17 Jan 2011Went to Yorke Peninsula for the summer VHF/UHF field day. Tried my 1.2m dish for the first time on 5.7GHz. Made contacts on all bands up to 10GHz.
10 Dec 2010Did some short range (about 30km) tests on 3.4GHz and 5.7GHz with Keith, VK5OQ. I had two transverters for each band. Everything worked as expected, including the fact that one of my 5.7GHz transverters is still deaf. I recently did some 'snowflaking' on the LO multiplier which significantly increased the LO drive to the mixers. This increased the audible mixer noise in the I.F. transceiver but did nothing to improve the sensitivity. I now suspect the MMIC in the first RF stage has died.
25 Nov 2010Almost two years ago I bought a surplus 'ioLink 1' RF unit. This is part of a system that provides a full duplex wireless data link. The device is designed to operate on one a three fixed frequency pairs around 5.8GHz. The original unit has three external coaxial connectors; (1) transmit IF input & DC power, (2) receive IF output and RSSI and (3) 5.8GHz antenna. The transmit and receive frequencies are 60MHz apart and the device includes a diplexer for full duplex operation. The transmit IF frequency 110Mhz which is mixed with the LO signal to produce the transmit output frequency. The same LO signal is mixed with the receive input frequency to produce an IF of 170MHz. This is then mixed with a second LO on 240MHz to produce a second IF of 70MHz. Separate VCOs are used to generate the LO signals each with its own PLL referenced to a common 10MHz TCXO. This picture shows the PCB before modifications.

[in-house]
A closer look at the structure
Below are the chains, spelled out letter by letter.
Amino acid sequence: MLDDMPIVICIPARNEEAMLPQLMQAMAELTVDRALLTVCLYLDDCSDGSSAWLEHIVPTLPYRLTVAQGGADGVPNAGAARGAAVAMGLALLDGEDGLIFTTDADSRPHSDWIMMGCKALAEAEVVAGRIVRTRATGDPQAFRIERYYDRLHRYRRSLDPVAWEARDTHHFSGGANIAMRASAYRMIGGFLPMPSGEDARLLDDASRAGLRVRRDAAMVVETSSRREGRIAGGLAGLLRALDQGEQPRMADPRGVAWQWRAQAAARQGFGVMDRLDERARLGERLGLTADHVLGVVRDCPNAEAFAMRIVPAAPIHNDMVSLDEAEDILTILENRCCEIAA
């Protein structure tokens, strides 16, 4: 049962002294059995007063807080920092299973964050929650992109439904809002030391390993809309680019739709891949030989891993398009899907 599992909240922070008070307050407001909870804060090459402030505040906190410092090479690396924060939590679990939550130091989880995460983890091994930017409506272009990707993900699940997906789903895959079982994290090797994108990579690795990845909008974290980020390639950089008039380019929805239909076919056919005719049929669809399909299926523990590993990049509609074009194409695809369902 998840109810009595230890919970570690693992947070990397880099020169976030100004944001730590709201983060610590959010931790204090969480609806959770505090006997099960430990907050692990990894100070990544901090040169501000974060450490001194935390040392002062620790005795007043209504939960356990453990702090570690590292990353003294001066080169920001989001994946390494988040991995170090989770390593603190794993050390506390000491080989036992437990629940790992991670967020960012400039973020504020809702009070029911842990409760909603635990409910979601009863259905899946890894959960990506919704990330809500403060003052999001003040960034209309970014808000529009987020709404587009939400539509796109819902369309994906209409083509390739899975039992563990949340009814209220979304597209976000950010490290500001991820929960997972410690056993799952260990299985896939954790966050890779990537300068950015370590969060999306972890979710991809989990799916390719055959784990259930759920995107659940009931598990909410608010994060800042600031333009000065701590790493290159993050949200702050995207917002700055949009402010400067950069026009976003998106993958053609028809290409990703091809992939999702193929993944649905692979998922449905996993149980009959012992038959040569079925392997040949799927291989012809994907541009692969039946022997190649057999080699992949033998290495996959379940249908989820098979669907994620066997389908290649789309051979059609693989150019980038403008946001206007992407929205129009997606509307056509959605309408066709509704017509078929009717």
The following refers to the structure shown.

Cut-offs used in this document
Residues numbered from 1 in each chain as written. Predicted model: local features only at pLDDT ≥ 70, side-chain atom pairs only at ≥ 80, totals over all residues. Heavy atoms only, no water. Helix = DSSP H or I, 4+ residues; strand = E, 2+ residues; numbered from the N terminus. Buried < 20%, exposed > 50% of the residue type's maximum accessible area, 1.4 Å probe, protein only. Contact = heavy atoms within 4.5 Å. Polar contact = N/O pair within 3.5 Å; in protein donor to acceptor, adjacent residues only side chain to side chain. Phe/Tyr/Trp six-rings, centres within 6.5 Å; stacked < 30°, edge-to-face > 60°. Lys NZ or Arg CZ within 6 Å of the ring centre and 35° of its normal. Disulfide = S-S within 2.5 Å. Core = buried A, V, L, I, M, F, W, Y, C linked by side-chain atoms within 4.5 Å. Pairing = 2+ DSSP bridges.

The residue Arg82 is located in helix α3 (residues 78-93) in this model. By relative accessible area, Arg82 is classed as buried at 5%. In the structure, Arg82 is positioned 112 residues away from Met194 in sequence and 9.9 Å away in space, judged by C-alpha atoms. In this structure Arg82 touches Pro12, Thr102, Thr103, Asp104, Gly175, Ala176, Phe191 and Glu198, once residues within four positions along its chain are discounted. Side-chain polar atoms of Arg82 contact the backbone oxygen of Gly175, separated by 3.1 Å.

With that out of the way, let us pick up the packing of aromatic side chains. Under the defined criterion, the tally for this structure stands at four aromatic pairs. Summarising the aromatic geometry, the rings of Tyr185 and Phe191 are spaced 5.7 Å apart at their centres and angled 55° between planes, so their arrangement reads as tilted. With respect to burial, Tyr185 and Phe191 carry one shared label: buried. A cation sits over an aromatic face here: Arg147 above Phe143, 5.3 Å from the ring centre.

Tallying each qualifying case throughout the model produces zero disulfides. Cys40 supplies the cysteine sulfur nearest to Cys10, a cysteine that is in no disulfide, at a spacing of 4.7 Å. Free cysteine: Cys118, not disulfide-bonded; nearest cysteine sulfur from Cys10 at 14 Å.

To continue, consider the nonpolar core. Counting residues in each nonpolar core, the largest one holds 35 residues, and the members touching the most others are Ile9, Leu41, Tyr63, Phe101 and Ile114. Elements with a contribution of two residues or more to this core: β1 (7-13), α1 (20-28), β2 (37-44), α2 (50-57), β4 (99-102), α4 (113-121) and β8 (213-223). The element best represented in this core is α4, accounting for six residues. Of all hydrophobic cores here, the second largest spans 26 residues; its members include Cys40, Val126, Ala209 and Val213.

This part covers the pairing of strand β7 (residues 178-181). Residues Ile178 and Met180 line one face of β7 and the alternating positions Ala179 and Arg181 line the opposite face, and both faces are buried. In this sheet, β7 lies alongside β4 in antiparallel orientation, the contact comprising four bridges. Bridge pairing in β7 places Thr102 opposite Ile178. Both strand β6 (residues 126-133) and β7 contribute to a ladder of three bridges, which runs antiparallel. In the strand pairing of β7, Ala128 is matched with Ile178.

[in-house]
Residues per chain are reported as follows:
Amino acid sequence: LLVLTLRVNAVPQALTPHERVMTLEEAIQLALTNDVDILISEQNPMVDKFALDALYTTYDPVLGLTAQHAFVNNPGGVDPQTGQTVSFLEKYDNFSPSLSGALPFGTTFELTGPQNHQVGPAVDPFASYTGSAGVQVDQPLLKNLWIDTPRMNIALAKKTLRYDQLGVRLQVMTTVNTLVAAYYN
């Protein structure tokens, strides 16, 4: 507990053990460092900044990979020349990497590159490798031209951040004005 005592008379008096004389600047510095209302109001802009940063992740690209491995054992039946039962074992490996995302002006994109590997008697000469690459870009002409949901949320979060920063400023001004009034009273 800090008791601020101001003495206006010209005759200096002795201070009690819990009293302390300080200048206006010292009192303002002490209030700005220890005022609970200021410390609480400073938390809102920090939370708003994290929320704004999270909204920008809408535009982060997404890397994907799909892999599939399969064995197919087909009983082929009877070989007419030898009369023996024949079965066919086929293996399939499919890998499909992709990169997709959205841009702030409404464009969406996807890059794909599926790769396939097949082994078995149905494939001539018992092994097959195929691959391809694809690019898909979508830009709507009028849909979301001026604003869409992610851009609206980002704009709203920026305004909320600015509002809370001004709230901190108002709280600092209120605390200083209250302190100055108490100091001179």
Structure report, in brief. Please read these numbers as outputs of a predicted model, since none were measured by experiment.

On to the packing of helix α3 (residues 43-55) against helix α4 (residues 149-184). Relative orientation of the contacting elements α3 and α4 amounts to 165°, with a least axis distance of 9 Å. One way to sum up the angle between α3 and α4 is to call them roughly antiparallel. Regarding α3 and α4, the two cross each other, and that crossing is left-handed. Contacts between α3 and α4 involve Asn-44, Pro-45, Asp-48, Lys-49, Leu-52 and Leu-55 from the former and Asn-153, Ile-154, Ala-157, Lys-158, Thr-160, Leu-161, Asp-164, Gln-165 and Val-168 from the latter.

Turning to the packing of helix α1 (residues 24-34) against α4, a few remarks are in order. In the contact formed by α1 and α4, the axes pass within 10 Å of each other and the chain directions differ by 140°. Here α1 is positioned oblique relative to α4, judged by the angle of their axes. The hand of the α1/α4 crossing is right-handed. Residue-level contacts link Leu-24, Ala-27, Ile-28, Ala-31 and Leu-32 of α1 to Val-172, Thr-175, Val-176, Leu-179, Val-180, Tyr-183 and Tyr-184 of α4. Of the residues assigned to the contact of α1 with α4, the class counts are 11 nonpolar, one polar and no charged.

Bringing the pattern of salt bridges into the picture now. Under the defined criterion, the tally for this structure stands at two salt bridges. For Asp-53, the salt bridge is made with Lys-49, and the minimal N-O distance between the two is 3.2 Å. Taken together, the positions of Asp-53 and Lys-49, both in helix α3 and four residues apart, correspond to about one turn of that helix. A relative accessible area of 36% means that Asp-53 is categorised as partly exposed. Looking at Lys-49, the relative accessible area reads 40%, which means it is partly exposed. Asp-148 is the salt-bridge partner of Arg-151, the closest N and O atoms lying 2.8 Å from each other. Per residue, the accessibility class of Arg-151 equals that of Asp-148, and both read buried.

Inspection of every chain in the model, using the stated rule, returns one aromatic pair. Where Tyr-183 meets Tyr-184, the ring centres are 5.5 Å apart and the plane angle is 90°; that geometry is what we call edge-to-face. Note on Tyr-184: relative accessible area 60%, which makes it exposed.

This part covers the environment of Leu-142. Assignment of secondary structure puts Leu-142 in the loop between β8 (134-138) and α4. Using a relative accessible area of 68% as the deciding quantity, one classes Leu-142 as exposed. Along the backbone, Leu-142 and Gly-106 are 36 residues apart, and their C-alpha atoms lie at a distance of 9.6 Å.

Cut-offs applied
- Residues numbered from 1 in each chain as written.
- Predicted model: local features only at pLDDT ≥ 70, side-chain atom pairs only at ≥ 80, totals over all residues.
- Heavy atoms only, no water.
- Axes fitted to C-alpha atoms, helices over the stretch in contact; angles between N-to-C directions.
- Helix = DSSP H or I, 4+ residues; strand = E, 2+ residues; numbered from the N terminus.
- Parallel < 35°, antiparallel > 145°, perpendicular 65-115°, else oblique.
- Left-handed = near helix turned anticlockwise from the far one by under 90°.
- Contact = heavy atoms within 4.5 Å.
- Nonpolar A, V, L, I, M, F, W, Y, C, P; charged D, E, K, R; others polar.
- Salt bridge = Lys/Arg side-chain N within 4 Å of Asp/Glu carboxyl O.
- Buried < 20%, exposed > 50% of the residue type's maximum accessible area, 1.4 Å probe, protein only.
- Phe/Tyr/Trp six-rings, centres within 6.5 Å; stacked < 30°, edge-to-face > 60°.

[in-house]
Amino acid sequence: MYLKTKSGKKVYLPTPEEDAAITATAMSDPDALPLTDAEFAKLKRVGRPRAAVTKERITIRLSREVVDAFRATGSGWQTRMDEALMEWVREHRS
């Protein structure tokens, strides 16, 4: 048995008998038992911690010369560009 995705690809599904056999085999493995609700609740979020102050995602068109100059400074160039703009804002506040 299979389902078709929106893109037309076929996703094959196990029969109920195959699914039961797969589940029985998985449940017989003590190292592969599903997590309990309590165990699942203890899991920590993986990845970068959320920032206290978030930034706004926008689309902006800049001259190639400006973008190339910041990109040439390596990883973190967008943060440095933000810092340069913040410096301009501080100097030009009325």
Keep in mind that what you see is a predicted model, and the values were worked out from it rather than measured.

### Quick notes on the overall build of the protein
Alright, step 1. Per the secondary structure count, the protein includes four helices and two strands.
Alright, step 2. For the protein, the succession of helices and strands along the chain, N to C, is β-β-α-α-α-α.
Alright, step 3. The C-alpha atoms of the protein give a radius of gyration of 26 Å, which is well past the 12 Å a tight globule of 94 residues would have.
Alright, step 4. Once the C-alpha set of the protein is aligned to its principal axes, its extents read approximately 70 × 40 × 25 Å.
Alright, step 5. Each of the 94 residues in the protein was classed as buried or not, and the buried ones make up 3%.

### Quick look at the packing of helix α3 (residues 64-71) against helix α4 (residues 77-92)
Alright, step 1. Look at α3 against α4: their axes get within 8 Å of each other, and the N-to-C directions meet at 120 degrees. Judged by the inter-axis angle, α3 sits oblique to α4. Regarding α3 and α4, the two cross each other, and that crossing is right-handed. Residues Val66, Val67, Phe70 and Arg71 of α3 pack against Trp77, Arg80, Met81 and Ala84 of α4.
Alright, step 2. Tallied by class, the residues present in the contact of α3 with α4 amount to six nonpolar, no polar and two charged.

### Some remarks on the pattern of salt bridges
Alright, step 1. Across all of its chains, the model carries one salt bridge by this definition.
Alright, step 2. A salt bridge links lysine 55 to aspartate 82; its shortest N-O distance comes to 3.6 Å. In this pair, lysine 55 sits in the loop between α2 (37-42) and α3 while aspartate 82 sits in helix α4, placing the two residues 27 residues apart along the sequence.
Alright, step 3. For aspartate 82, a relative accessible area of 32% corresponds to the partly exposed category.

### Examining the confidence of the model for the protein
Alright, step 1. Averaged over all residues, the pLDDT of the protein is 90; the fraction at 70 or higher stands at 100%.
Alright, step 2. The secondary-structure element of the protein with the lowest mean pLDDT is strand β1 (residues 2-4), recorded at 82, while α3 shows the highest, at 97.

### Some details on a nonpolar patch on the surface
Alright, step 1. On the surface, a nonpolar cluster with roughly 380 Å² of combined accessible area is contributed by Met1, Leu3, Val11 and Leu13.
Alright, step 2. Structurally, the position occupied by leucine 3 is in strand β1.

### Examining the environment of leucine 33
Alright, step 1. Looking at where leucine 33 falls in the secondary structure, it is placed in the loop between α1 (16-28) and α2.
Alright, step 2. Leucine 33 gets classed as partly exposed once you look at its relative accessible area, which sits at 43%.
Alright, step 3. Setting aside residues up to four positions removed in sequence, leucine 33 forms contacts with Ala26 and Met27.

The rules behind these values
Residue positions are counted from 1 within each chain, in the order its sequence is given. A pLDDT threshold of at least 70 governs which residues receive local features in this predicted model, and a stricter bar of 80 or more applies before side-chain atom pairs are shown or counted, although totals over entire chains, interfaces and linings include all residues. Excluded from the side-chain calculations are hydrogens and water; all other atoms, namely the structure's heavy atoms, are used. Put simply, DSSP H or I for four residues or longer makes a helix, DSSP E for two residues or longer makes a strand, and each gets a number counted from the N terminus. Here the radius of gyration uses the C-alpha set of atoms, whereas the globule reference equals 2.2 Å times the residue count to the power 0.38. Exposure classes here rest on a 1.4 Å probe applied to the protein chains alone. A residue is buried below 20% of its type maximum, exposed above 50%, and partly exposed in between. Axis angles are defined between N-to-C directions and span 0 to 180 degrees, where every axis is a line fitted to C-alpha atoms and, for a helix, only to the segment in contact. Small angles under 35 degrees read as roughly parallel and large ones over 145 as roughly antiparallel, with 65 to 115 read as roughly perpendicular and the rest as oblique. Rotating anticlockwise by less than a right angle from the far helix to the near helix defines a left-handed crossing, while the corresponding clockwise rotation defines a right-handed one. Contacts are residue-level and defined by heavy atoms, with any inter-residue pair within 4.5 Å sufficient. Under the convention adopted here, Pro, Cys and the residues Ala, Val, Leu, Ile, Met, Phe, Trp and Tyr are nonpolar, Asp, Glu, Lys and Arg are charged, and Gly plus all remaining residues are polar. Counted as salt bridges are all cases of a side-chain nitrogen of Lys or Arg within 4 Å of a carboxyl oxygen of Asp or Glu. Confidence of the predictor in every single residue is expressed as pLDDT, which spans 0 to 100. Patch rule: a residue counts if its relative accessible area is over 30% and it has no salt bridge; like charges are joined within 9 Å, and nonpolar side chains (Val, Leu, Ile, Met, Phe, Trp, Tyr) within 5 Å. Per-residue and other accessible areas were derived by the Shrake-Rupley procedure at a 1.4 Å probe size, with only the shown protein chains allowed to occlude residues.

The ioLink unit has now been modified to be a 5.7GHz transverter. A Picaxe was added to program the PLL for the required LO frequency and handle the T/R switching. The receiver side is left running all the time but a relay was added to switch the power to the PA device. The diplexer was removed and replaced with an antenna changeover relay. On the receive side, the 170MHz and 70MHz filters, the second mixer, the second LO and three of the MMICs from the IF stages were removed and replaced with a simple 144MHz filter. The net result is a 5.7GHz transverter with about +29dbm transmiter output for an outlay of under $100. This picture shows the modified PCB.
25 Nov 2010Here is a picture of 3.4GHz transverter #2. It still need a PA as the transmit output power is only about 20mW.